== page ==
December 4, 2023

Below are answers to some commonly asked questions about Lipitor.

Does Lipitor cause weight loss, weight gain, diabetes, memory loss, ED, tiredness, or headaches?

No, none of these were reported as side effects in studies of Lipitor.

Keep in mind that Lipitor is prescribed along with a balanced diet. Some people may experience weight loss while taking Lipitor if they make certain changes to their diet.

Other statins used to treat high cholesterol may cause diabetes or memory problems. These side effects weren’t reported in studies of Lipitor. But high blood sugar levels have been reported as a side effect of Lipitor since the drug became available on the market. (Diabetes is a disease that causes high blood sugar.)

Because Lipitor treats high cholesterol, it may actually help reduce symptoms of erectile dysfunction (ED). See this article to learn more about the link between ED and high cholesterol.

Certain side effects of Lipitor, such as infection or liver problems, may cause tiredness. But tiredness isn’t a direct side effect of the drug.

Headache isn’t a side effect of Lipitor, but it could be a symptom of other conditions, such as high blood pressure.

If you have concerns about experiencing any of these side effects during your Lipitor treatment, talk with your doctor or pharmacist.

Is Lipitor a blood thinner or a beta-blocker? And does it lower blood pressure?

No, Lipitor is not a blood thinner or a beta-blocker. Lipitor belongs to a group of medications known as statins. Statins help lower cholesterol levels in your body.

Beta-blockers help manage high blood pressure, and blood thinners help prevent blood clots. Some people taking Lipitor may also need to take beta-blockers or blood thinners, depending on their other health conditions.

If you take other medications and are interested in taking Lipitor, talk with your doctor to make sure the drugs are safe to take together.

Is Lipitor considered a safe medication? Why might some people think it’s bad for you?

Yes, Lipitor is considered a safe drug for most people. It’s been used to treat certain conditions for more than 20 years and has been studied in adults and children.

Lipitor may cause certain side effects, which could make some people think taking the drug is too risky. But the most common side effects reported in studies were mild. Examples of these side effects include diarrhea, joint and muscle pain, sore throat, and upper respiratory infection.

Some serious side effects may occur with Lipitor, but they’re not common. For example, in rare cases, Lipitor may cause severe muscle pain. (To learn more about possible side effects, see “What are Lipitor’s side effects?” above.)

If you have questions about whether Lipitor is safe for you to take, talk with your doctor or pharmacist.

Will Lipitor cause different side effects in men vs. women?

In studies, no differences in side effects were reported among males* and females* taking Lipitor.

But certain side effects of Lipitor are specific to females who can become pregnant. These are related to taking Lipitor during pregnancy or while breastfeeding. To learn more, see “Pregnancy and breastfeeding” under the “What should be considered before taking Lipitor?” section below.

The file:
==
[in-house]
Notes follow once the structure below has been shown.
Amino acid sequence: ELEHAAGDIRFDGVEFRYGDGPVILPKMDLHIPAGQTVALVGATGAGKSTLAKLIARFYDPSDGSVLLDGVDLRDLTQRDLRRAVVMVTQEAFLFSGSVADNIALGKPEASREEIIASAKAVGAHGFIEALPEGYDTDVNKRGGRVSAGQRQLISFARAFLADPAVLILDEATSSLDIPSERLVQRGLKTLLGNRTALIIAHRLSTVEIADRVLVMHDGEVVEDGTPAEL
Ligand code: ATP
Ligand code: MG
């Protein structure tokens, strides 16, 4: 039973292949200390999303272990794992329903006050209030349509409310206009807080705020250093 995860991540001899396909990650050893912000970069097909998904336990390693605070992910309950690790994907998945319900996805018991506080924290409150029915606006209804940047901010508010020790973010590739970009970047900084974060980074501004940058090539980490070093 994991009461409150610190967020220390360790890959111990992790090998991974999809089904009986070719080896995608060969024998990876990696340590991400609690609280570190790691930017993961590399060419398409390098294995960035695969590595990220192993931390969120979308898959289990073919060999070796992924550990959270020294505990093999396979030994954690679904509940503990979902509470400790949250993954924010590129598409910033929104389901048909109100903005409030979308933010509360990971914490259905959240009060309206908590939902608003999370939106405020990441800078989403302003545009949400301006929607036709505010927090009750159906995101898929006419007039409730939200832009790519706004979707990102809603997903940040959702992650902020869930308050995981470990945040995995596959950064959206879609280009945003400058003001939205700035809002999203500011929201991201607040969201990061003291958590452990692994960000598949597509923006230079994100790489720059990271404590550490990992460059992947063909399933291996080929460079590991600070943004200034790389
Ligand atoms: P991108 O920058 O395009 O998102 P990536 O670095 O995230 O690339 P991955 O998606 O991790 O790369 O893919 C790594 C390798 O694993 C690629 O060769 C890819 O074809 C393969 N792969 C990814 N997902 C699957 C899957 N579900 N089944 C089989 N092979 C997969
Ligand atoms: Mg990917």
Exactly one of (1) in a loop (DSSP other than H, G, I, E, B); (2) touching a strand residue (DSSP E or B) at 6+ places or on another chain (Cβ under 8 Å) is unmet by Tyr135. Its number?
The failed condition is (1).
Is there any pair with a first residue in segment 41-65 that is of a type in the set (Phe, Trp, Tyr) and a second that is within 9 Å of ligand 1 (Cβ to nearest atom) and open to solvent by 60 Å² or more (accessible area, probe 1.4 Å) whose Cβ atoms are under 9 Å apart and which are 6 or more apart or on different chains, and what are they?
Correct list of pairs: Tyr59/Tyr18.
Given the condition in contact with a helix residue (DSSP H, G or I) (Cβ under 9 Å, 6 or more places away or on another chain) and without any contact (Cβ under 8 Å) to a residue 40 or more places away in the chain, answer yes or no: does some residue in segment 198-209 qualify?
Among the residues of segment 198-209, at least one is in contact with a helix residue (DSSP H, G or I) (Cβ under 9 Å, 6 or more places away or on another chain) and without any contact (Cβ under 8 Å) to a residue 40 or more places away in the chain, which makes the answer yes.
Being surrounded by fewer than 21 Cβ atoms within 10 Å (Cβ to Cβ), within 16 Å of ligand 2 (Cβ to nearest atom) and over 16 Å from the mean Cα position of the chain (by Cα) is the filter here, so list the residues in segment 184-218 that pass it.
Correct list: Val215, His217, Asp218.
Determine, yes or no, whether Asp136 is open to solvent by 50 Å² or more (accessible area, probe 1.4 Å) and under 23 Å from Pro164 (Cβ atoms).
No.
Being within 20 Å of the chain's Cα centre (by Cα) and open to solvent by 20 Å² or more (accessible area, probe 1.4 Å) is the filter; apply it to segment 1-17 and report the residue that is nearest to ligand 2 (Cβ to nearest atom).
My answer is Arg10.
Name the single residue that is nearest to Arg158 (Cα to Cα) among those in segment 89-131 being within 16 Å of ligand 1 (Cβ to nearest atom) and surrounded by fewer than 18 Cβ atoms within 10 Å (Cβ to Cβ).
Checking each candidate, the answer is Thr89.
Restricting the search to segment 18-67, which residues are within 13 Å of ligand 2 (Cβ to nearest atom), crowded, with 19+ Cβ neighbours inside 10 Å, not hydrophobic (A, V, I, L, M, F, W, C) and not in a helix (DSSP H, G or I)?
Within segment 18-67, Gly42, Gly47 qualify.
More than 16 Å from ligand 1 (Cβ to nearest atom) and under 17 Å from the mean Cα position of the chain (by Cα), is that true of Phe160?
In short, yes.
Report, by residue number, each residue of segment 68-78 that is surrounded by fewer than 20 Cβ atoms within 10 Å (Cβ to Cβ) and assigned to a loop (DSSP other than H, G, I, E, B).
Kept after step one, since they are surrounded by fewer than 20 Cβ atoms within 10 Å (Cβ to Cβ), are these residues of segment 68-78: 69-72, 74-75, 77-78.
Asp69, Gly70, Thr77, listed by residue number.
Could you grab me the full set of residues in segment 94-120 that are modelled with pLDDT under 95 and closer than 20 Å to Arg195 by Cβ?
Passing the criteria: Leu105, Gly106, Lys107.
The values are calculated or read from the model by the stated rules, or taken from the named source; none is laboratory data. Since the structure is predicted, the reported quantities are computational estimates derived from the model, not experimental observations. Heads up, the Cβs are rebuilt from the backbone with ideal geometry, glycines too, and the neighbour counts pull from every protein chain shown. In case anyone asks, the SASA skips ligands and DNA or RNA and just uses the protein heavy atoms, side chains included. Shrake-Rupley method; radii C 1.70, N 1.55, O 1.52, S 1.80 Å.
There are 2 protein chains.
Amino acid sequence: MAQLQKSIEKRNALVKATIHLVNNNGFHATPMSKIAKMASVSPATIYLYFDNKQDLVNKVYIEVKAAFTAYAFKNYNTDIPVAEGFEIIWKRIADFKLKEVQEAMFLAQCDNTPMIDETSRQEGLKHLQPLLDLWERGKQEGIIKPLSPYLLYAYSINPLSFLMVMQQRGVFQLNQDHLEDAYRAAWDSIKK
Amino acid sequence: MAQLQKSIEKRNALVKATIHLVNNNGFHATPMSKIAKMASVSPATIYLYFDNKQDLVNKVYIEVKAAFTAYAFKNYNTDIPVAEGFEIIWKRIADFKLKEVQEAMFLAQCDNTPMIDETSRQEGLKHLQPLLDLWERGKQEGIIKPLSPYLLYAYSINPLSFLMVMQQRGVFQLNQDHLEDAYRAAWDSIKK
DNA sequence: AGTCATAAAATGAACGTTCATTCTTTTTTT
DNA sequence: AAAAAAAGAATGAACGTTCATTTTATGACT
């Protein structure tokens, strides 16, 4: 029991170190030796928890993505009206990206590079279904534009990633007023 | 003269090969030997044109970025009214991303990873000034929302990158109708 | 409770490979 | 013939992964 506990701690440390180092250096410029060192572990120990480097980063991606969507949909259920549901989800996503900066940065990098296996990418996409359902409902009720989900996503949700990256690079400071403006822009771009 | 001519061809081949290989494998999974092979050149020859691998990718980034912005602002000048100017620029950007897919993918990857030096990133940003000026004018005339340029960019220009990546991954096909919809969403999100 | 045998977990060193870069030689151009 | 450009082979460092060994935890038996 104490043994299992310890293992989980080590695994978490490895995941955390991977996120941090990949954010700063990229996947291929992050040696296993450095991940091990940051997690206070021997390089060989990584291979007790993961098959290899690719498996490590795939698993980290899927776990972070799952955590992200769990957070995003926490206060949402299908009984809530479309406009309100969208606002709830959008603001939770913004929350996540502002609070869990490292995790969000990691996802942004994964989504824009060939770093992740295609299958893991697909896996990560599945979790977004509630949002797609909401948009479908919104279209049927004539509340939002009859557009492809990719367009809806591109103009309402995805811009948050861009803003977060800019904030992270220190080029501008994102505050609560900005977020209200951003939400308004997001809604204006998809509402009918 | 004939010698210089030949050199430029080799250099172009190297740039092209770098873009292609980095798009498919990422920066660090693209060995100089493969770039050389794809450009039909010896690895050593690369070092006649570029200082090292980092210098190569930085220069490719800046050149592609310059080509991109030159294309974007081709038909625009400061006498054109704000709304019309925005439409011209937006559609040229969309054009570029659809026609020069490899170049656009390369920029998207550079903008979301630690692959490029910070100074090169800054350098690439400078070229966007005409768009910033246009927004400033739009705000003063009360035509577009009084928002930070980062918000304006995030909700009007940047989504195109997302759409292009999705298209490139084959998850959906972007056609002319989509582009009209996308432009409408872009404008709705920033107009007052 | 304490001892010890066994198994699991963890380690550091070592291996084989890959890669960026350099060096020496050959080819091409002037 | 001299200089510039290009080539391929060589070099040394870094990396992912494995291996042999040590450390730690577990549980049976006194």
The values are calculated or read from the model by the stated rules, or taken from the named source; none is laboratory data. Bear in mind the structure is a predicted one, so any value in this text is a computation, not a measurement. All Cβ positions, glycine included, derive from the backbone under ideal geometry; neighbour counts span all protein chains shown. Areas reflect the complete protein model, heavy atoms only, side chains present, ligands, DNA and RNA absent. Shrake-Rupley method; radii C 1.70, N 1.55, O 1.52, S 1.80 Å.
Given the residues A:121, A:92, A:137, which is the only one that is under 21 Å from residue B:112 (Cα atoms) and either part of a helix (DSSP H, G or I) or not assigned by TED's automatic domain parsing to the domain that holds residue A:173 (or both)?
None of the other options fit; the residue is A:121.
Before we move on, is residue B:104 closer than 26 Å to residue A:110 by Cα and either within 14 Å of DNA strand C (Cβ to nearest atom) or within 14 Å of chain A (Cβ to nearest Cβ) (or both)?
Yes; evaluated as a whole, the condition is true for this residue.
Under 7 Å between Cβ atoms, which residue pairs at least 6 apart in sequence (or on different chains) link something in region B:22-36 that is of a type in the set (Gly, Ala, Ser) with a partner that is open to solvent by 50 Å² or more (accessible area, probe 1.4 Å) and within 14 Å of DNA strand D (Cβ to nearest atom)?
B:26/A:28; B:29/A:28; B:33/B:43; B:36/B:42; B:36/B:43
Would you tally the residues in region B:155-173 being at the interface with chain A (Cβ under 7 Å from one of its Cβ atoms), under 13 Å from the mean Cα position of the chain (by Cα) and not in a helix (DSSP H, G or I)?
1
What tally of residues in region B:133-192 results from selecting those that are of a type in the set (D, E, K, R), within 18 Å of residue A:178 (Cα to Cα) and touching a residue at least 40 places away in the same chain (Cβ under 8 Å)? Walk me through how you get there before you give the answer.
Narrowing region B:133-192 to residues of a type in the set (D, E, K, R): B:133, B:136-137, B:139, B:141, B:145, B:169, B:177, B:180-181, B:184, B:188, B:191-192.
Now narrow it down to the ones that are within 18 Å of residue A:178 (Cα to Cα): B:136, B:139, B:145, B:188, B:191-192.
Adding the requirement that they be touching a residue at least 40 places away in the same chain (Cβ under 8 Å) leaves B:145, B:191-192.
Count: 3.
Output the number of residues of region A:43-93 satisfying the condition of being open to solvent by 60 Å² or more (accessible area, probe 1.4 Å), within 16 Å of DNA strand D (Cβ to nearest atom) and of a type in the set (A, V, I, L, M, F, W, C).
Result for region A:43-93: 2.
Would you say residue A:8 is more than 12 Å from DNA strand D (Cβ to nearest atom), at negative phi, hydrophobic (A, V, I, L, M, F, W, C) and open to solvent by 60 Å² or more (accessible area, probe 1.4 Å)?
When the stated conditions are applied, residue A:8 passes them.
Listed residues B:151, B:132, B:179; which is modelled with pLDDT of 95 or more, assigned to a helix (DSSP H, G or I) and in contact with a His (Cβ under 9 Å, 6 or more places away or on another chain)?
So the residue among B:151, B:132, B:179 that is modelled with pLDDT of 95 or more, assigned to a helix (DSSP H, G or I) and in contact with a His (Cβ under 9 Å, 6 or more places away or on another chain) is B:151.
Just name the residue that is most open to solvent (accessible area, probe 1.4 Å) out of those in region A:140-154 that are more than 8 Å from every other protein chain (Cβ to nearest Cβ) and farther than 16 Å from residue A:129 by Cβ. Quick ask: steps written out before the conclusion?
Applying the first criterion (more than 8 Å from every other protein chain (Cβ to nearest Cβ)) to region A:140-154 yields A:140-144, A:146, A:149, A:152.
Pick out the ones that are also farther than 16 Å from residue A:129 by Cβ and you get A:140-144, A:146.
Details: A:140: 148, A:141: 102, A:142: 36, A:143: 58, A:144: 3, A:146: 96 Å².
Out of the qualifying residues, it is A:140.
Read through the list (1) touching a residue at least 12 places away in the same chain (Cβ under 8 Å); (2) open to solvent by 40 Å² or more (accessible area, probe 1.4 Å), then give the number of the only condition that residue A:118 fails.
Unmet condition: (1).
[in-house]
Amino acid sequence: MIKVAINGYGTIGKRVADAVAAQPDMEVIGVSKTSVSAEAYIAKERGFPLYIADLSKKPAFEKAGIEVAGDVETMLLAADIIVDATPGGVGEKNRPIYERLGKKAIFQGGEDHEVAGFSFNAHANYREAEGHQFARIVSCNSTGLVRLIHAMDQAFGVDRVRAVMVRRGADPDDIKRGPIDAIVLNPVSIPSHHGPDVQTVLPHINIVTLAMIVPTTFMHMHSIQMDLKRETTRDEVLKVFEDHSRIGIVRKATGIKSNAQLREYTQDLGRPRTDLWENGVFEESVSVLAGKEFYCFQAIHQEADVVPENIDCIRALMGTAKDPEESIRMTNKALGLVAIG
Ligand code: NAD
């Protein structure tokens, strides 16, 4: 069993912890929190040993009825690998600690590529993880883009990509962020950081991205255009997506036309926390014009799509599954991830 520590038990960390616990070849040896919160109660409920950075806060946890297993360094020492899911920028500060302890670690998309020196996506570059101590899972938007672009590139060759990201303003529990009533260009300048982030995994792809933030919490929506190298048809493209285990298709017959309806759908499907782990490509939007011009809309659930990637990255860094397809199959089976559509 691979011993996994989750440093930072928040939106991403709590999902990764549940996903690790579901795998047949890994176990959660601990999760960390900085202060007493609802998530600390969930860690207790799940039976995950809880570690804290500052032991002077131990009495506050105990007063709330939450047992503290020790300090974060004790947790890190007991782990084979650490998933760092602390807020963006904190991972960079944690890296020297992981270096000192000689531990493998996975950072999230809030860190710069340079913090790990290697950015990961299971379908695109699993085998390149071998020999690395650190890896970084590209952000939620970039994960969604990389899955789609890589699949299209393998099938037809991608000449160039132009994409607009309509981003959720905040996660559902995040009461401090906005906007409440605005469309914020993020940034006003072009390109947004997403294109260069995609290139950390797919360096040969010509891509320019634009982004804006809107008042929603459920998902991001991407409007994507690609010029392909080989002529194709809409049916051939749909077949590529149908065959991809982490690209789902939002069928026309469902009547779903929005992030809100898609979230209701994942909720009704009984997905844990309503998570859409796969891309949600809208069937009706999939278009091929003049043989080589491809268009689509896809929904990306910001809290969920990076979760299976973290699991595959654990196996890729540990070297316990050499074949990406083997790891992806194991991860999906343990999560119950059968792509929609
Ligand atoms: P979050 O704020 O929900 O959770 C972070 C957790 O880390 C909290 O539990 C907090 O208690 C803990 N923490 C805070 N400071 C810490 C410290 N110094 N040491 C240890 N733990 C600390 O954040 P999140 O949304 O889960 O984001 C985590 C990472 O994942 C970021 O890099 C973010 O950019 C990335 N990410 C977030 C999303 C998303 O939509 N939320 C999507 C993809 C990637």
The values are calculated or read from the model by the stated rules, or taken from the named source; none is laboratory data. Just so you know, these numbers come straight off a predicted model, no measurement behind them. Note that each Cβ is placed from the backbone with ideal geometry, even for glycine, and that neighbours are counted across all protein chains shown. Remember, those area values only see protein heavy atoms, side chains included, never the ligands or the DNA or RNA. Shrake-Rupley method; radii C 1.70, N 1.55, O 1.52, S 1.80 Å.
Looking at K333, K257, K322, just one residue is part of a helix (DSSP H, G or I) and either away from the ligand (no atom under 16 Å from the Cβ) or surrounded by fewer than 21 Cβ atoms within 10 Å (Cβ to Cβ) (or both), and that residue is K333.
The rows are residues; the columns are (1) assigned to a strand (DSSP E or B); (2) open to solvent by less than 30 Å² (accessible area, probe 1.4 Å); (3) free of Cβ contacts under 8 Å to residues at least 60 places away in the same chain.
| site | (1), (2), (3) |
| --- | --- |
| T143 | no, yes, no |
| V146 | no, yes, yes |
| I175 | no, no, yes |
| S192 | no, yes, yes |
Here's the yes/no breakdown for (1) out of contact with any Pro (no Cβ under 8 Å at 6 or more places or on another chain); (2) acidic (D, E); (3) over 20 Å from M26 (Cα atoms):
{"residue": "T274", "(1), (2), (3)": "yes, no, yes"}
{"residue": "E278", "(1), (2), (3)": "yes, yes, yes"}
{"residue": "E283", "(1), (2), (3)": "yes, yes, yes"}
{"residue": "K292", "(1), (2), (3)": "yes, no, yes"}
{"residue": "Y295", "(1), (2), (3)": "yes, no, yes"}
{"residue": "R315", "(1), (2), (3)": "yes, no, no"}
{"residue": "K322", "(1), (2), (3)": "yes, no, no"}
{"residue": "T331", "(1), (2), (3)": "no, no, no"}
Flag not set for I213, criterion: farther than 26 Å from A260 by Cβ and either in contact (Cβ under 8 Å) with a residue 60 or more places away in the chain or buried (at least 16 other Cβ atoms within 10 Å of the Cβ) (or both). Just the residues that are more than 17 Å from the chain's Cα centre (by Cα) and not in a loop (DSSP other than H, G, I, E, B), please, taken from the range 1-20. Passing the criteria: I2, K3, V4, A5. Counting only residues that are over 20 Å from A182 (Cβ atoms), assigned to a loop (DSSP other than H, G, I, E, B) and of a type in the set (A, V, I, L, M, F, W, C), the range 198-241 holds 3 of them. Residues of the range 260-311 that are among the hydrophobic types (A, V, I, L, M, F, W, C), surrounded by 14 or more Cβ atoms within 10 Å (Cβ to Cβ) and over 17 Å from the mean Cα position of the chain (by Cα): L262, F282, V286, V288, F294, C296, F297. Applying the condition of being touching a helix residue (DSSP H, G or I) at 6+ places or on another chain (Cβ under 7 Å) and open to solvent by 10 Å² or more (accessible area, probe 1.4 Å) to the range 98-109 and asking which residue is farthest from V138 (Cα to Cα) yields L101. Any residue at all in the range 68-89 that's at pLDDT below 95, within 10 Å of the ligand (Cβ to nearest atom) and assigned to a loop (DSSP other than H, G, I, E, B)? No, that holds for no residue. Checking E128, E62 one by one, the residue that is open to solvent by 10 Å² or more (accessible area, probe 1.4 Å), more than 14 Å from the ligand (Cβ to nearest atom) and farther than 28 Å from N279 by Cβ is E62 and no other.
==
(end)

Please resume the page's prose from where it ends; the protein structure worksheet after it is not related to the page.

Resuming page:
* In this article, we use the terms “males” and “females” to refer to someone’s sex assigned at birth. For information about the difference between sex and gender, see this article.

How does Lipitor work? What’s its half-life, and how long does it stay in your system?

Lipitor belongs to a group of medications called statins. These drugs reduce the level of low-density lipoprotein (LDL) cholesterol in your body. LDL cholesterol is also known as “bad” cholesterol, and too much of it in your body can lead to serious health problems.

Statins reduce LDL cholesterol by suppressing a certain enzyme in the liver that’s responsible for LDL production. This helps prevent heart problems, such as coronary heart disease, chest pain, stroke, and heart attack.

Lipitor stays in your system for about 3 days. This is based on Lipitor’s half-life, which is around 14 hours. The half-life of a drug is the average amount of time that it takes for the body to eliminate half of the initial dose from the system. It takes about five half-lives for a drug to leave your body completely.

What should I know about Lipitor’s alternative drug Livalo?

Lipitor and Livalo are both statins, which help lower cholesterol levels in your body.

Lipitor contains the active ingredient atorvastatin, while Livalo contains pitavastatin. (An active ingredient is what makes a drug work.) To learn more about Livalo, check out this article. You can ask your doctor if one of these drugs may be right for you.

Will I have side effects after stopping Lipitor?

Ending your Lipitor treatment should not cause any side effects. But if you stop taking Lipitor and do not replace it with a different treatment, your cholesterol may increase again. This could lead to serious heart problems.

If you’d like to stop taking Lipitor, talk with your doctor. They can determine if you should stop taking Lipitor and if you need to start taking a new drug in its place. You should not stop taking Lipitor unless your doctor recommends it.


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